Let’s Shift ahead in time a couple of years or so. One evening while I was in the shower and letting my mind drift, an unrelated “what if” story idea popped into my head. What if a young, upcoming, science fiction writer whose works almost always got published had recently submitted a story to a magazine editor who knew him well. To the writer’s surprise, he receives a letter (not an email) advising him that although the story is a superb one the magazine cannot not publish it. Further, for the writer’s (and the editor’s) safety, he should destroy all copies of that story (as the editor already had) and erase it from his computer as well.

Okay, that’s a cool story premise. But what kind of story could this writer have written that would have elicited such a dramatic and drastic response? And why had it done so?

My mind drifted back to the Jesus clone piece. What if that was the story he had written? But why was it a problem story? What if after the writer gets the email, the FBI then shows up at his house to confiscate his computer—all without explanation? I worked out a couple more details, made the character interesting, wrote the beginning if the story then realized it had much better potential as a novel than as a short story.

That novel is among my projects to complete. The story is also roughly outlined. Though it was born from an idea a friend proposed many years ago, it has gone far beyond that original suggestion. All by using the “WHAT IF” technique.

Writers should learn two lessons from this: Don’t abandon a story just because it’s not working out as you originally intended, and don’t dismiss an idea just because it’s been done before (in this case, the Jurassic Park concept or because some fact it relies on (the Shroud of Turin not being “real”) seems to get in the way. Great stories can come from initially weak or weak-seeming concepts.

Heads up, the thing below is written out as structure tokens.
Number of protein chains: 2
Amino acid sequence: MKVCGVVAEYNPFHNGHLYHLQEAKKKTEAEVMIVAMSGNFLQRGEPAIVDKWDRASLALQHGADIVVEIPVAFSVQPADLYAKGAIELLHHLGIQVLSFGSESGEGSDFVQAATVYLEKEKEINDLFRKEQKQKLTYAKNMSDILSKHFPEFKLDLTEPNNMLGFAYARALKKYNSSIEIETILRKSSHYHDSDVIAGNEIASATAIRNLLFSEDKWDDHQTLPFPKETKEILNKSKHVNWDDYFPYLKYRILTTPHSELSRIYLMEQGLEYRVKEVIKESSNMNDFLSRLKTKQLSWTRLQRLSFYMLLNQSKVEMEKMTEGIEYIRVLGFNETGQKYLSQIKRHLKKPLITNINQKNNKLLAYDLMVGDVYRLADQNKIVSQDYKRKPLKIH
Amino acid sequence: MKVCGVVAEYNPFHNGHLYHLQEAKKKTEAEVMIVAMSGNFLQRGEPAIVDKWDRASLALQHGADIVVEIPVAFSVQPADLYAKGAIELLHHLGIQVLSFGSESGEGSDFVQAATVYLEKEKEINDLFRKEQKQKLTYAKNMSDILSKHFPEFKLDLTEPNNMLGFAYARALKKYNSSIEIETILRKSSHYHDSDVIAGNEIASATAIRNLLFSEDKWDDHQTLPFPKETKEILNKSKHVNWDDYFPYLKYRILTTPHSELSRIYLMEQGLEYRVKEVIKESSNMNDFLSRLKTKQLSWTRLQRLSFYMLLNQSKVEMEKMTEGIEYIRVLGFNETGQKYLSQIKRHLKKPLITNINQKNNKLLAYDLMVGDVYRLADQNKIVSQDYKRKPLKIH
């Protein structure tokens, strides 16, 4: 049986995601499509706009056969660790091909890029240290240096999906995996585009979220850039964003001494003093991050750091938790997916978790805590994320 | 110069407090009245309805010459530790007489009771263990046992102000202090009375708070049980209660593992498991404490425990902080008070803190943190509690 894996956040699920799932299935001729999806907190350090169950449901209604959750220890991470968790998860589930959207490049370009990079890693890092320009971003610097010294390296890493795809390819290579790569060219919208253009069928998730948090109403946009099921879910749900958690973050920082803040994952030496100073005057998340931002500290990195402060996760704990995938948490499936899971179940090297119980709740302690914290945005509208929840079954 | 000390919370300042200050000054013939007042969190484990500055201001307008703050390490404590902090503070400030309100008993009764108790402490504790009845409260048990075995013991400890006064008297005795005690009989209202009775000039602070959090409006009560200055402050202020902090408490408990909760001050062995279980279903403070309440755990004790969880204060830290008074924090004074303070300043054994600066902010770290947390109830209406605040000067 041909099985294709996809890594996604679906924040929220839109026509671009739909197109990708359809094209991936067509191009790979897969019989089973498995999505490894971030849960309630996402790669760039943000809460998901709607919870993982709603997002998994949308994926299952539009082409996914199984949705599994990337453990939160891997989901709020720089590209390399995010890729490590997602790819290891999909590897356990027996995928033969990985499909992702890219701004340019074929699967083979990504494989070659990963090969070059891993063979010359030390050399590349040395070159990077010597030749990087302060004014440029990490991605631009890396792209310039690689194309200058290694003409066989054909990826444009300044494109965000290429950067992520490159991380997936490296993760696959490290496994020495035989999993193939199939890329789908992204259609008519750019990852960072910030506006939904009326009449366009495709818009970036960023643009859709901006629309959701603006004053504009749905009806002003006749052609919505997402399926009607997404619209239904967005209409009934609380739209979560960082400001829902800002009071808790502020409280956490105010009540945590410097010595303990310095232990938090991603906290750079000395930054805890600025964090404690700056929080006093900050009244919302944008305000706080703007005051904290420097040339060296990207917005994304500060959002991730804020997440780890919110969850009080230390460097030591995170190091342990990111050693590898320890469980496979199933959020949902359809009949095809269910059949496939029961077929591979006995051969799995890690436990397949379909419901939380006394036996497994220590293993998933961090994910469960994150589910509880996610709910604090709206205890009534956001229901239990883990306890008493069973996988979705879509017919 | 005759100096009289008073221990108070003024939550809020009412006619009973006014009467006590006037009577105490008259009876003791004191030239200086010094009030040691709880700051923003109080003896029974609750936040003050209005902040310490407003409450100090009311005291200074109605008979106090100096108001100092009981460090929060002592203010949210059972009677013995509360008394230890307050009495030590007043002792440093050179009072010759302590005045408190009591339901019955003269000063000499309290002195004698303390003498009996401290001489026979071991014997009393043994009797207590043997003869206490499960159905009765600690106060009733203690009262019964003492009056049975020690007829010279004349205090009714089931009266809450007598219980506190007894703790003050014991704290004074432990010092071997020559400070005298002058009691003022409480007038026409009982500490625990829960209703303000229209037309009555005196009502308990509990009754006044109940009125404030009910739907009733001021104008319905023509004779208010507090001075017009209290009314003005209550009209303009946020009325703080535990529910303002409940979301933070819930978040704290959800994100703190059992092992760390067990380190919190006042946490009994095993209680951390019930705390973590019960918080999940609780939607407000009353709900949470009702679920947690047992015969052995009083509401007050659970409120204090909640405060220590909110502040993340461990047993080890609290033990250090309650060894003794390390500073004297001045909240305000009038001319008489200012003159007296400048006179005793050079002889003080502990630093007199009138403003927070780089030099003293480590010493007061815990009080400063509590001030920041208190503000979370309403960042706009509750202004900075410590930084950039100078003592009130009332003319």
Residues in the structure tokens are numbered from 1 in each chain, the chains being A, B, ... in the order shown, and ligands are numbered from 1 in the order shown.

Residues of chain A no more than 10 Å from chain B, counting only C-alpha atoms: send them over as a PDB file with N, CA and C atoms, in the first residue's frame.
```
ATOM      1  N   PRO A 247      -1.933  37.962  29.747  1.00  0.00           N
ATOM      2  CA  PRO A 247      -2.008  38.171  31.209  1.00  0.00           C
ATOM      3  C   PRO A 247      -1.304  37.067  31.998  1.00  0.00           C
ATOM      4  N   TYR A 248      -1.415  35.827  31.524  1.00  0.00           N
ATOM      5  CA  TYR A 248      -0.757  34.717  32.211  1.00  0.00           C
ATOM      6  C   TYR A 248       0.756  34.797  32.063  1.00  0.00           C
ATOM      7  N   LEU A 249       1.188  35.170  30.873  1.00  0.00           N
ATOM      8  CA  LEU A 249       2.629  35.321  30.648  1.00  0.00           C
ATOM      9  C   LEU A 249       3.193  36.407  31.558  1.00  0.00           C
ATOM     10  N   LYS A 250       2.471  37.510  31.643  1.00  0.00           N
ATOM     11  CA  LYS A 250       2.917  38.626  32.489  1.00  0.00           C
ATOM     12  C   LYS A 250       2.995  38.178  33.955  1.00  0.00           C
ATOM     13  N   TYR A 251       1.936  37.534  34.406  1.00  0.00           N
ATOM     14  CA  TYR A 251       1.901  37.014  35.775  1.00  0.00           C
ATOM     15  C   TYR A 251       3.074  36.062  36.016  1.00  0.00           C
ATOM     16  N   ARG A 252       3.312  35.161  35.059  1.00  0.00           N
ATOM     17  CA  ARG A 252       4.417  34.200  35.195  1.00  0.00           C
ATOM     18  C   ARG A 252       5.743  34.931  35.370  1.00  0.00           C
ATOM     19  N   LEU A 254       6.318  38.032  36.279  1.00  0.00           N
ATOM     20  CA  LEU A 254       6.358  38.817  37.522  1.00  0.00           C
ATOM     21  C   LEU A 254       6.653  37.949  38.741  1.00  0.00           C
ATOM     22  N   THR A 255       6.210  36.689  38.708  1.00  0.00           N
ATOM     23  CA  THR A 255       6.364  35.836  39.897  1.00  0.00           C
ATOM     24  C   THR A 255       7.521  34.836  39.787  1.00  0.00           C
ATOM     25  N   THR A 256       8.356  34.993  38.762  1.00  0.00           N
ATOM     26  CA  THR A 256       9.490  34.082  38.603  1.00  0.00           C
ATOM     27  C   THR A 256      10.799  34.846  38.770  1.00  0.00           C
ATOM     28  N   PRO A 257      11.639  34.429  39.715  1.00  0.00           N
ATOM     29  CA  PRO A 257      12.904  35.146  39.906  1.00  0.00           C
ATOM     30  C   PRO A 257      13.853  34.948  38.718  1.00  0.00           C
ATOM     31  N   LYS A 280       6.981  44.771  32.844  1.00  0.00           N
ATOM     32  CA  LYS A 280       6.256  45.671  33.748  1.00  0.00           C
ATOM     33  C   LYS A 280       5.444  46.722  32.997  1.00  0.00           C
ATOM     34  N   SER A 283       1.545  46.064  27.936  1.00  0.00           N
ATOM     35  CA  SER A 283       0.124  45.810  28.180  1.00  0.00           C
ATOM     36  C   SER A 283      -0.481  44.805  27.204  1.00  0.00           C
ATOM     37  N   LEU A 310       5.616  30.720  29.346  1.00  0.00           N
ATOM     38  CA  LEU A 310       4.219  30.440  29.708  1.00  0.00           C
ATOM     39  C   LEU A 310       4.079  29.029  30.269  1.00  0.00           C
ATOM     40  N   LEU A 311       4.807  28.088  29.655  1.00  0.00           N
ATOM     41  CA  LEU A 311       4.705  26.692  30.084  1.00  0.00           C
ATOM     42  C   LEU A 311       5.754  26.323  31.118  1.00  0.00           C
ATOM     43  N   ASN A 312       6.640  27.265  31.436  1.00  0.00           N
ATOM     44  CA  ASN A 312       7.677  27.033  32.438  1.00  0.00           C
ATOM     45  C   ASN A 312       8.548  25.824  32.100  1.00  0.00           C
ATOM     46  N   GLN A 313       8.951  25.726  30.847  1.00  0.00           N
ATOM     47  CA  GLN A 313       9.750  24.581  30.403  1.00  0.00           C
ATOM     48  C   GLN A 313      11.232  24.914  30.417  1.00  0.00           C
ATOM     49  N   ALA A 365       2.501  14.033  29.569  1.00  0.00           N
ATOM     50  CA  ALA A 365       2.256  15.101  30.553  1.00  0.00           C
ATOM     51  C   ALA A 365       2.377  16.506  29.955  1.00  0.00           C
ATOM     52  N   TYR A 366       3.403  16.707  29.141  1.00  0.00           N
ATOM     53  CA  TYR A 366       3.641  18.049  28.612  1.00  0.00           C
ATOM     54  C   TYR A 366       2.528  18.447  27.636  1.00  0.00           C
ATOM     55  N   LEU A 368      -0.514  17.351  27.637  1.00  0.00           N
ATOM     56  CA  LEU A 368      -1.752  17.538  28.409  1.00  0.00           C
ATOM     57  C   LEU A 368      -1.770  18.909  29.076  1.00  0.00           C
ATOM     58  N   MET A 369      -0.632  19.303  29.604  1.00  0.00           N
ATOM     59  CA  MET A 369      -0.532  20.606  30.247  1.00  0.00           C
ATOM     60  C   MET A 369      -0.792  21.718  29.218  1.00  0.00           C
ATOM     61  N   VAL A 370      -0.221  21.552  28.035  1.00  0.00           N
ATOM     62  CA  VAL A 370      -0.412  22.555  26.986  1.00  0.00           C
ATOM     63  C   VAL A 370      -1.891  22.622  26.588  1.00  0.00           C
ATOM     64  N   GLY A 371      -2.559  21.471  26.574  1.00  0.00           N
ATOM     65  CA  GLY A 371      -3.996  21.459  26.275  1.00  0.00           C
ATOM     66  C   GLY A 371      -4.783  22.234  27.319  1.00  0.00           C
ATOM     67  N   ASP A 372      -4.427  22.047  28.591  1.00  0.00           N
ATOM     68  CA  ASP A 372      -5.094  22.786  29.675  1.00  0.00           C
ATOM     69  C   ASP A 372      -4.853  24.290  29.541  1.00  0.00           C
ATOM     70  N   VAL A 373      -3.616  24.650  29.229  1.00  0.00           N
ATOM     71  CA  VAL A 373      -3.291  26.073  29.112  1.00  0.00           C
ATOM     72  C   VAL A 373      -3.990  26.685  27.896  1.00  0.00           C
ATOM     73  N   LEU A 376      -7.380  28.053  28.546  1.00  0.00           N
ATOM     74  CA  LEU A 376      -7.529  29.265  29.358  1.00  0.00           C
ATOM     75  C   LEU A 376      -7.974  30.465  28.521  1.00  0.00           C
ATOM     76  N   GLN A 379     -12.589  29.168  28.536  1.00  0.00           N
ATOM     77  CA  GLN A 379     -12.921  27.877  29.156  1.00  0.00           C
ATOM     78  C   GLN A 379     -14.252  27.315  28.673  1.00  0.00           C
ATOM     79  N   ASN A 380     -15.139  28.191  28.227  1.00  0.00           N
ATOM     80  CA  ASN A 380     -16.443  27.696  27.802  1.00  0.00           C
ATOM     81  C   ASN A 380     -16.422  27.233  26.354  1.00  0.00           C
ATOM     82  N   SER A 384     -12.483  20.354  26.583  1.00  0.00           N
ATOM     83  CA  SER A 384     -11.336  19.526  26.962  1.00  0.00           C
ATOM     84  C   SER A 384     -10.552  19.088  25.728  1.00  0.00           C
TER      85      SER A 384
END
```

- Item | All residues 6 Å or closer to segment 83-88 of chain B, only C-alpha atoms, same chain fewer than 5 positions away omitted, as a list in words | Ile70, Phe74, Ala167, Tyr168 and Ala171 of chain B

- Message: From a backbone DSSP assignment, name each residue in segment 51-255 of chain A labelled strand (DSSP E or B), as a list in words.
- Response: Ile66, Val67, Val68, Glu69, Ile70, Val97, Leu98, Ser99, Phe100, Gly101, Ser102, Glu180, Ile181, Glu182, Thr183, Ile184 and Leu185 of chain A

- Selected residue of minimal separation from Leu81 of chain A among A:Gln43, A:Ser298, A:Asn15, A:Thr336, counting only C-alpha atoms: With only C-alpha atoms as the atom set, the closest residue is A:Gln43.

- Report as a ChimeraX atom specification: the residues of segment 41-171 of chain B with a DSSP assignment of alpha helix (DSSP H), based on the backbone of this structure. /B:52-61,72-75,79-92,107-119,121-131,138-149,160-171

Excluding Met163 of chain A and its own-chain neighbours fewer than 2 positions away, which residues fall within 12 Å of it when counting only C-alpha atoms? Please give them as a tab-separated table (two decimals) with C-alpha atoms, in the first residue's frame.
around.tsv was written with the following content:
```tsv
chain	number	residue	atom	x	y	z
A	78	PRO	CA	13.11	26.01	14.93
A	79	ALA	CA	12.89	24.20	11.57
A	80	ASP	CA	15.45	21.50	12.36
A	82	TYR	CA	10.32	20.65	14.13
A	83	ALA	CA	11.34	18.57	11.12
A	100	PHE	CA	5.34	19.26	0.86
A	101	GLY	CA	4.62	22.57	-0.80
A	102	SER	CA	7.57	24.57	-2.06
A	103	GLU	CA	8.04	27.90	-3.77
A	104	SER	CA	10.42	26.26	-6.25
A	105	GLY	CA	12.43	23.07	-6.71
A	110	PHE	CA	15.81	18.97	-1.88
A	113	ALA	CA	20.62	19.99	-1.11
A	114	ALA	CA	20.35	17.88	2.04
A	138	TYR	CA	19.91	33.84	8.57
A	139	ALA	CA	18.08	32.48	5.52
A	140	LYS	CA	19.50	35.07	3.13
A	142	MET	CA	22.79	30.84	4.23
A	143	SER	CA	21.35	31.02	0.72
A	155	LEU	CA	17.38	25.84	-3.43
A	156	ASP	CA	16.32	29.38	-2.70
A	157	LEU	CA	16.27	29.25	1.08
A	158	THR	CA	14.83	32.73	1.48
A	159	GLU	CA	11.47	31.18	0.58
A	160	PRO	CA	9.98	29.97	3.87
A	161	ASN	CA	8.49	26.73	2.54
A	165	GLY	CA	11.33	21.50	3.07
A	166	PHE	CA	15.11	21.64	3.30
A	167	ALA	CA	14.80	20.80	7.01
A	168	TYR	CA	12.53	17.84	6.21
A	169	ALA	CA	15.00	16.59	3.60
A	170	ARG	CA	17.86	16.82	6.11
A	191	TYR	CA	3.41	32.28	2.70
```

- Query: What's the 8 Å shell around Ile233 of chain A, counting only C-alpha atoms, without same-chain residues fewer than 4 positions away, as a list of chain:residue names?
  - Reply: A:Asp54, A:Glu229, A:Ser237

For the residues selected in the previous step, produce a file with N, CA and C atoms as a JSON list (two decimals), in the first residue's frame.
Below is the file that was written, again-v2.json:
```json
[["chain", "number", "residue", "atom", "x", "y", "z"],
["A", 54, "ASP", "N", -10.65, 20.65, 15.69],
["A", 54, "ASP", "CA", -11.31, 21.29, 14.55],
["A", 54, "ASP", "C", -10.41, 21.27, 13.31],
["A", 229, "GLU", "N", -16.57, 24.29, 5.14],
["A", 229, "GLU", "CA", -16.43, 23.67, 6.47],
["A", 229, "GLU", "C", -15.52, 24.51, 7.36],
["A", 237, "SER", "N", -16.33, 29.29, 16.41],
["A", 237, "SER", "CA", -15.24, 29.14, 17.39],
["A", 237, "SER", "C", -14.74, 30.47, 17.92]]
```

My point here is that NO STORY IDEA should ever be dismissed, and as Edwin Riddell, in quoting King and Highsmith, points out, there are always ways to turn a stalled story around by being inventive and thinking outside the box.

What struck me about Patricia Highsmith’s advice is that, long before I ever heard of her or read her advice, I had actually discovered the same thing on my own. I created that second story (the sci-fi writer’s rejected story) to jumpstart the first (the cloning Jesus idea), and I found a way to weave the two together.

Nearly every writer I know has at some point run against a stalled story. Sometimes it happens early on; sometimes it happens farther on or even at the end when the writer doesn’t know how to finish the story. The key for us is to persevere, to not give up, to discover a solution that will bring our stories to the next level. Challenge yourself to make it work no matter what, even if it means completely rewriting it.

I do apologize if I’ve left you wanting to know the full story of that novel, whose title I will not reveal at this point. I will try my best to complete it and have it out well before too many years pass and hopefully while everyone reading this blog is still drawing breath.

In any case, I hope this bit of advice helps some of you out there who have experienced problems with a stalled story. Go read Edwin Riddell’s full article at Silver Pen Writers. There’s plenty more good advice in it.